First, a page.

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Belived to have been born in Chaddesley Corbett, Worcestershire. Brother of John (b. c.1687) and Isaac Potter ((1690–1735). Nephew of Humphrey Potter of Bromsgrove, who had dealings with fellow Baptist Thomas Newcomen.
An oft-repeated story claims that a boy named Humphrey Potter, charged with operating the valves on a Newcomen engine, installed a simple system to automatically open and close the valves. The story seems to have originated with Dr John Theophilus Desaguliers. He wrote:-
'They used before to work with a Buoy in the Cylinder inclos’d in a pipe, which Buoy rose when the Steam was strong, and open’d the Injection, and made a Stroke ; thereby they were only capable of giving six, eight, or ten Strokes in a minute, ’till a Boy, Humphry Potter, who attended the Engine, added (what he call’d a Scoggan) a Catch that the Beam Q always open’d: and then it would go 15 or 16 Strokes in a Minute.' ‘Scoggan 1713’ was added in the margin.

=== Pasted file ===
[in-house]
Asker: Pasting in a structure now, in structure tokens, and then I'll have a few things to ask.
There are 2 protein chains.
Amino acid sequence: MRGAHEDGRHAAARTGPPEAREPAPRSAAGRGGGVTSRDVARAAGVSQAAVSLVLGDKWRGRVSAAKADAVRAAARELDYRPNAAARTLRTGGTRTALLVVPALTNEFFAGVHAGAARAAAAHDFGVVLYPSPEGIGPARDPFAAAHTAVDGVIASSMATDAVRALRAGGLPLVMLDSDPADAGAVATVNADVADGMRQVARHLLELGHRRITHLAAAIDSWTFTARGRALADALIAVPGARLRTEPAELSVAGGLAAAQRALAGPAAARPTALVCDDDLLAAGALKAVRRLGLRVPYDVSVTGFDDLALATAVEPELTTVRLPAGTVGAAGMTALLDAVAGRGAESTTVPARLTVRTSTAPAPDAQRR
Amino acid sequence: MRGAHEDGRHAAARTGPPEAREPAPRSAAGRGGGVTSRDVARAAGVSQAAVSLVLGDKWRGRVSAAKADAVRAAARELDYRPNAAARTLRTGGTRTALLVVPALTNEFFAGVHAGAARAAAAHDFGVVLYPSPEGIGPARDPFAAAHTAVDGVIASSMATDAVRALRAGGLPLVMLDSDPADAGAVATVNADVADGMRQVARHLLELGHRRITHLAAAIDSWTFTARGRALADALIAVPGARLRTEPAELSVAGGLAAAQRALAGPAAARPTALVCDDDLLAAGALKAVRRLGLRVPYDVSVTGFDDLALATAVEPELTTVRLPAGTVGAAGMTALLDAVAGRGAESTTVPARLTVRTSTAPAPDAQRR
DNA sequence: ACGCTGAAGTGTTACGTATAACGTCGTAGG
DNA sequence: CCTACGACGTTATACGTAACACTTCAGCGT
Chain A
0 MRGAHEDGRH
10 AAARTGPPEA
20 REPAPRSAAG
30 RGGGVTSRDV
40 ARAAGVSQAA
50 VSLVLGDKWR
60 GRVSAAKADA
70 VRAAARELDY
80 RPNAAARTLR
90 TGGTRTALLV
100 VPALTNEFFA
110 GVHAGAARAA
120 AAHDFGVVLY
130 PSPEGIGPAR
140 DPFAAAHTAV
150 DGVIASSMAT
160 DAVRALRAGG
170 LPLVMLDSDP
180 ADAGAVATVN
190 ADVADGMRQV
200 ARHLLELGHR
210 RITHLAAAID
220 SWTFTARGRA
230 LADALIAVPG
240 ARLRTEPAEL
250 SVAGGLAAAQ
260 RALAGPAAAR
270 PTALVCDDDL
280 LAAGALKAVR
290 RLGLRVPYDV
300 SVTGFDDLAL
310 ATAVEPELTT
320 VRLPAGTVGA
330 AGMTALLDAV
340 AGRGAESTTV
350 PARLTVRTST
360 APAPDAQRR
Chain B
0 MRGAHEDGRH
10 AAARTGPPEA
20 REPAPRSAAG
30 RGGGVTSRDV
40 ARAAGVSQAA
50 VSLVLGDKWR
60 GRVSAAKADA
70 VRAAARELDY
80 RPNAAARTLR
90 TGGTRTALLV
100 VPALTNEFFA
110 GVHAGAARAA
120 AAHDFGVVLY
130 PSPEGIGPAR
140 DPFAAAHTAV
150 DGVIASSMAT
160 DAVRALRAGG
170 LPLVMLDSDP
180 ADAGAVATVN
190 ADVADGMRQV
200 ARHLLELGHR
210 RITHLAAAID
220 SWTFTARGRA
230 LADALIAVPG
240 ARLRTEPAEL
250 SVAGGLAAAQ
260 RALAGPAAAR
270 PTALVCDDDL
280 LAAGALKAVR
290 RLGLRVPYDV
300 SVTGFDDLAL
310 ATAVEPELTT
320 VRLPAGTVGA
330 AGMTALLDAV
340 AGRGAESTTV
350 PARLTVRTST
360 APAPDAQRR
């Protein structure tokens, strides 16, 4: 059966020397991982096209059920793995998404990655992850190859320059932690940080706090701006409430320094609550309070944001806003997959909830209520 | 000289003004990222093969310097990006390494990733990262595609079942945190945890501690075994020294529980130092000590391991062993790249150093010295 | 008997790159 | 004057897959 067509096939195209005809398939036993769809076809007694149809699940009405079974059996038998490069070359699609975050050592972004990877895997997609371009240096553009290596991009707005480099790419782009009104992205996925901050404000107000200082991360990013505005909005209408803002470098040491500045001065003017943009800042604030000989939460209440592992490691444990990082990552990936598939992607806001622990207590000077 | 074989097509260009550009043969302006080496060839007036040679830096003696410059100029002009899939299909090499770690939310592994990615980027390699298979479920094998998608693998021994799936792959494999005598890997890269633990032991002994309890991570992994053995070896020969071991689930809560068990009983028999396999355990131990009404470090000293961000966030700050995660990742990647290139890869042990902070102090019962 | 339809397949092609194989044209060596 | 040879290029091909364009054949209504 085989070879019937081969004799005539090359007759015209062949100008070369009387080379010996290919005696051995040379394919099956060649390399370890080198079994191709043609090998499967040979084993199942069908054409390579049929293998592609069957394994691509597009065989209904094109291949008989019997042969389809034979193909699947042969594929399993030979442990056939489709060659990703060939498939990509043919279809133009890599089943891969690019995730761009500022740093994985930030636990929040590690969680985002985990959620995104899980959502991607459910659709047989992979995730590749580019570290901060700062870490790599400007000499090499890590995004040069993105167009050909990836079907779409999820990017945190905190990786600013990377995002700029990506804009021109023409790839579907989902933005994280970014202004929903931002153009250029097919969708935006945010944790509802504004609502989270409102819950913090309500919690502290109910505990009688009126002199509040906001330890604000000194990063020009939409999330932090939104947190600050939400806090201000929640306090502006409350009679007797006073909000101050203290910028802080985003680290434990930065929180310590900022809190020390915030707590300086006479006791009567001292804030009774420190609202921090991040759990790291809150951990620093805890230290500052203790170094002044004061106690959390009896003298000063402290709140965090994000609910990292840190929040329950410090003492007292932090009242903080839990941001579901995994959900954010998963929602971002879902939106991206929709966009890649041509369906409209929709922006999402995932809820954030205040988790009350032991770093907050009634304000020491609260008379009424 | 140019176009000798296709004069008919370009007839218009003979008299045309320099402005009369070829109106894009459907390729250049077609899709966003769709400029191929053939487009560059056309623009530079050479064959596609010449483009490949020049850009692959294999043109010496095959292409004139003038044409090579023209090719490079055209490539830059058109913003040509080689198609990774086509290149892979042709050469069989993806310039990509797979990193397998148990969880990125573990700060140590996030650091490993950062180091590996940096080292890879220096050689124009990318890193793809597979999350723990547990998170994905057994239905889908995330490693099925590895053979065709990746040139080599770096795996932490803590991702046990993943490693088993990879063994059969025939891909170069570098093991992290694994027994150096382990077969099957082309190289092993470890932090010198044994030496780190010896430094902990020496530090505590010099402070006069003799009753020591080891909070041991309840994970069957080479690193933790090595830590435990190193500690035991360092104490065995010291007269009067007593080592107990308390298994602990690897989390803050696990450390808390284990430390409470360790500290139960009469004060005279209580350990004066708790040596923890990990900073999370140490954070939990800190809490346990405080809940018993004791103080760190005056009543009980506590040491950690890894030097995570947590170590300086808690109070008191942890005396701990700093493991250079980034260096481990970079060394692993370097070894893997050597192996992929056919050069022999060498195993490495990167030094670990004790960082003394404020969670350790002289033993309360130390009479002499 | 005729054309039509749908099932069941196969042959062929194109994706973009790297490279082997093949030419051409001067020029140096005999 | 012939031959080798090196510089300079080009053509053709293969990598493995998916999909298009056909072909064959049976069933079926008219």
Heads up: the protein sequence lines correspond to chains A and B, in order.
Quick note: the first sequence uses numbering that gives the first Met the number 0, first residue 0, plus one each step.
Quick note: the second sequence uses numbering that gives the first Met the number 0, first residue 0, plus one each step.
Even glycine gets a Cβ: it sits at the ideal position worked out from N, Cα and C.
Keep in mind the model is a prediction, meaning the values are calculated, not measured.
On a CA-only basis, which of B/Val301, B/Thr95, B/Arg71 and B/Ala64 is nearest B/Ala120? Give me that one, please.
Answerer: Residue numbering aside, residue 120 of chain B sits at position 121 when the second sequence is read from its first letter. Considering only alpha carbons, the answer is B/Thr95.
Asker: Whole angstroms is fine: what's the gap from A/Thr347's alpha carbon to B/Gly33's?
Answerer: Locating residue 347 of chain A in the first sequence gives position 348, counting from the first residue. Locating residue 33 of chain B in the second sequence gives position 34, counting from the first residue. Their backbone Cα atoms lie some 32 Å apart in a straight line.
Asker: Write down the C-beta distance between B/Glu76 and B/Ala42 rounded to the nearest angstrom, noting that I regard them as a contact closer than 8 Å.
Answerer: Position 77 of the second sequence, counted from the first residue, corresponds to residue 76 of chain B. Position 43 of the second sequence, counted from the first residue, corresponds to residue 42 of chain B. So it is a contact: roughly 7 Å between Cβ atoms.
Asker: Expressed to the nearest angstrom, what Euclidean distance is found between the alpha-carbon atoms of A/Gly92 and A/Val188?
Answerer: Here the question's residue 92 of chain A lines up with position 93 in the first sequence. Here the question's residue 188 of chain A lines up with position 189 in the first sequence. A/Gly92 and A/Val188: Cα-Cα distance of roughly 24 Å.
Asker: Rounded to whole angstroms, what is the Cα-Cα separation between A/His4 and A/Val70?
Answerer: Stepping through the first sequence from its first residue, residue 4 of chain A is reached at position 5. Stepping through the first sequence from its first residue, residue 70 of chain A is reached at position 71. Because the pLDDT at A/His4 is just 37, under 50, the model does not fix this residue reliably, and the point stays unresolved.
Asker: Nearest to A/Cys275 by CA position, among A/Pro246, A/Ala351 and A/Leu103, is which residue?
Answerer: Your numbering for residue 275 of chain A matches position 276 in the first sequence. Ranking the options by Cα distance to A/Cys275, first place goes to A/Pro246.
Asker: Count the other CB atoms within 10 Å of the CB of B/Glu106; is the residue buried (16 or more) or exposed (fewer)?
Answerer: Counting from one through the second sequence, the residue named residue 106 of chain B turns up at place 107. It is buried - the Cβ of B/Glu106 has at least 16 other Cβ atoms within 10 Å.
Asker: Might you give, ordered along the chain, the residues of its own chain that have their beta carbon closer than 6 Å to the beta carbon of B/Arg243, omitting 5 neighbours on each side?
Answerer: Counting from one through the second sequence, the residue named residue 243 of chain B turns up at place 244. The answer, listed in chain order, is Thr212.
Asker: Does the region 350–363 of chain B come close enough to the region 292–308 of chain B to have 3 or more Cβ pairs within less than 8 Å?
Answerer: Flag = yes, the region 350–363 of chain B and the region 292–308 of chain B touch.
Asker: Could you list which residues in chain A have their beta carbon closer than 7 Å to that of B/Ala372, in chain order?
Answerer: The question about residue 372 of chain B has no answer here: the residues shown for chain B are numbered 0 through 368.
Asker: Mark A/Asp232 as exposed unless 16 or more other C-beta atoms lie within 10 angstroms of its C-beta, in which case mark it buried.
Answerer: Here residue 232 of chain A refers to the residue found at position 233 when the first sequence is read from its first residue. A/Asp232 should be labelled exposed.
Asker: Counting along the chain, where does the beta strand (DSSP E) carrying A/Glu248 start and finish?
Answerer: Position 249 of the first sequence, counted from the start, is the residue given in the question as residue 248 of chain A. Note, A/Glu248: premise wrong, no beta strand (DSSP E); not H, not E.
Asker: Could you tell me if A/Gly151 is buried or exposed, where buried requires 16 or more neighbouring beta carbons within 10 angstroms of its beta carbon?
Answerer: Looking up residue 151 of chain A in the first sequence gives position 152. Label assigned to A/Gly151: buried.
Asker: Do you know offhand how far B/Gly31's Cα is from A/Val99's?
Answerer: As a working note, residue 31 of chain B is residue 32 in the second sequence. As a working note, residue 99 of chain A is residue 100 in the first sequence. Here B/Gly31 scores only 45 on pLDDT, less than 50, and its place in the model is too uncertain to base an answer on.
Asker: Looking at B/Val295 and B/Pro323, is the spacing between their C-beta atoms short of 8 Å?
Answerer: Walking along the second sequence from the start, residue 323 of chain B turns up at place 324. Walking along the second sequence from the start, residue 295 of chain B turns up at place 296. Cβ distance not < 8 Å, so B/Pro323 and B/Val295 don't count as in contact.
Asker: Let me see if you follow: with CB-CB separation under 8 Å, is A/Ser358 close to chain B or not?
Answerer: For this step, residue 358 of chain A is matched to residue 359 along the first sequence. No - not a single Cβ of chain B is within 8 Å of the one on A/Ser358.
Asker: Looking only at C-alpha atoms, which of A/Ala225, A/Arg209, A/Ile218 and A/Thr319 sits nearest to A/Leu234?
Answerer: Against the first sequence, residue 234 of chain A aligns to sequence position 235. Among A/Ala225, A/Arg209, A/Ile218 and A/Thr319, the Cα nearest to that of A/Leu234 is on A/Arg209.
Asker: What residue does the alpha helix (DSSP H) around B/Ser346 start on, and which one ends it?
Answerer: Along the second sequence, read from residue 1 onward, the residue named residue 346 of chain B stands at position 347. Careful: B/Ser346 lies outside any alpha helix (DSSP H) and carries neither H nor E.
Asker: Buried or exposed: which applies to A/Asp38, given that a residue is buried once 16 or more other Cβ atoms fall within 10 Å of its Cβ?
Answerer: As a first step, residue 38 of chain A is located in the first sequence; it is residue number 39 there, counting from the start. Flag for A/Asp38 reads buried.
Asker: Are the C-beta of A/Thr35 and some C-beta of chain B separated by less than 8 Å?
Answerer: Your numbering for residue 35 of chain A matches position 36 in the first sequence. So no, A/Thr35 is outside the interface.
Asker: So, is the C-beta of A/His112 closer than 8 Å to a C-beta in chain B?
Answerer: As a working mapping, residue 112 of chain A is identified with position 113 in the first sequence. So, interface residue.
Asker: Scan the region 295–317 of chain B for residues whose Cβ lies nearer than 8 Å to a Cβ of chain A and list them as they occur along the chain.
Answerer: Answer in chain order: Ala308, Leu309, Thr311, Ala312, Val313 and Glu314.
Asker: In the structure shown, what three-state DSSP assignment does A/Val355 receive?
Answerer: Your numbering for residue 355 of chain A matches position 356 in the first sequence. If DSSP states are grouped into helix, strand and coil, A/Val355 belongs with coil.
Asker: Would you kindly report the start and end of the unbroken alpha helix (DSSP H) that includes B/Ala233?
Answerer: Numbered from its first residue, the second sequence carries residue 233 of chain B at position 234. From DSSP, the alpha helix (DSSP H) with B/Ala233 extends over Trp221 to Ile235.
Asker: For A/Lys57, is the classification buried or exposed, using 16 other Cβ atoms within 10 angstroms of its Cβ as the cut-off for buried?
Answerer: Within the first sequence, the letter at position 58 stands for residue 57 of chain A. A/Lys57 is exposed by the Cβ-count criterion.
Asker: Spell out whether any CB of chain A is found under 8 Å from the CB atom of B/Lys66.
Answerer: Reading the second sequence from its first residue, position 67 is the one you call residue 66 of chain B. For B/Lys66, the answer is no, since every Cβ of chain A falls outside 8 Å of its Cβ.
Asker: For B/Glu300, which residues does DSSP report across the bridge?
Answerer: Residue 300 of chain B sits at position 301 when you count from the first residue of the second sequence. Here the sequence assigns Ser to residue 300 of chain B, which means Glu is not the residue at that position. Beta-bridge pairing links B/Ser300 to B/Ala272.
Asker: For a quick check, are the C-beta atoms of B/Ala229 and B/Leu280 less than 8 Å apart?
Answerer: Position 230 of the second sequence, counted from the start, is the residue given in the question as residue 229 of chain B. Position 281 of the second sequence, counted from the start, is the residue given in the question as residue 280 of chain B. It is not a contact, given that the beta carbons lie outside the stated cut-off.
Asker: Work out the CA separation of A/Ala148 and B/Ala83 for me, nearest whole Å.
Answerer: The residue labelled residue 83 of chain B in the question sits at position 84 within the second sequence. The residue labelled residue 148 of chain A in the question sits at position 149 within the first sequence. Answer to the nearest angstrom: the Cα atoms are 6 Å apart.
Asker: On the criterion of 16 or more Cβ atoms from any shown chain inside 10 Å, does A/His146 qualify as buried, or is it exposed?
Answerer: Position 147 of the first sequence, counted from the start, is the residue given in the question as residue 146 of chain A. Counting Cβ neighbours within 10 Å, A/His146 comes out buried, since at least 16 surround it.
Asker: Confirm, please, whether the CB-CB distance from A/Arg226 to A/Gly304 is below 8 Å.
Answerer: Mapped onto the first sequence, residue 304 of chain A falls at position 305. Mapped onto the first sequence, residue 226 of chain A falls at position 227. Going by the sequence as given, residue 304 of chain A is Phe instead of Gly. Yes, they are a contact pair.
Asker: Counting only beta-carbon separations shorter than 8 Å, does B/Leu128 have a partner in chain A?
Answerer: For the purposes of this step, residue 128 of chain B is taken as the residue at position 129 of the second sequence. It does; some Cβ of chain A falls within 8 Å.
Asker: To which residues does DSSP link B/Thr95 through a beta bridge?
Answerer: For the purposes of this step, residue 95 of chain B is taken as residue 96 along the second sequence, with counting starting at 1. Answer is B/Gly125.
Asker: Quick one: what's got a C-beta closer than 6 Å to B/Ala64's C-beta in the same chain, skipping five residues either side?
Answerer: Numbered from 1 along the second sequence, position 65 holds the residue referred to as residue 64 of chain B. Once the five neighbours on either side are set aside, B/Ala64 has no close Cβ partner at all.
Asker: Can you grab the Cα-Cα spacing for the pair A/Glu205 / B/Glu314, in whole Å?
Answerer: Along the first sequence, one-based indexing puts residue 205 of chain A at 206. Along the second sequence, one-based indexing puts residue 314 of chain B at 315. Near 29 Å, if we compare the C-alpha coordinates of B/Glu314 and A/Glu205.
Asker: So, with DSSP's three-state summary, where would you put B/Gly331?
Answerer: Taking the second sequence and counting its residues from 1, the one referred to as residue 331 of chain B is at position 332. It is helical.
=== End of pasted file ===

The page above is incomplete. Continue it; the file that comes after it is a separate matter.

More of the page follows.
Humphrey Potter was involved with early Newcomen engines, but he was not a boy in 1713, being aged 24. James Greener suggests that the date 1713 likely refers to the obsolescence of the buoy rather than the invention of the scoggan.
The above information is largely drawn from a Newcomen Society Paper by James Greener
1717 Nicolò Tron, Ambassador for the Serenissima Republic of Venice to England, returned to Italy in 1717 with the components of two Newcomen engines and some British engineers to construct them, including Humphrey Potter. These would be the first Newcomen engines of the Continent. The first of these engines was tested by the river Adige in September 1718. Unfortunately, Tron’s plan of draining his lands with the steam engines did not work out, apparently because Humphrey Potter tragically drowned while swimming in the Adige. However, Tron succeeded with an alternative drainage scheme. He was eventually able to reuse the engines, following the discovery of coal deposits in Schio, and the steam engines were moved there.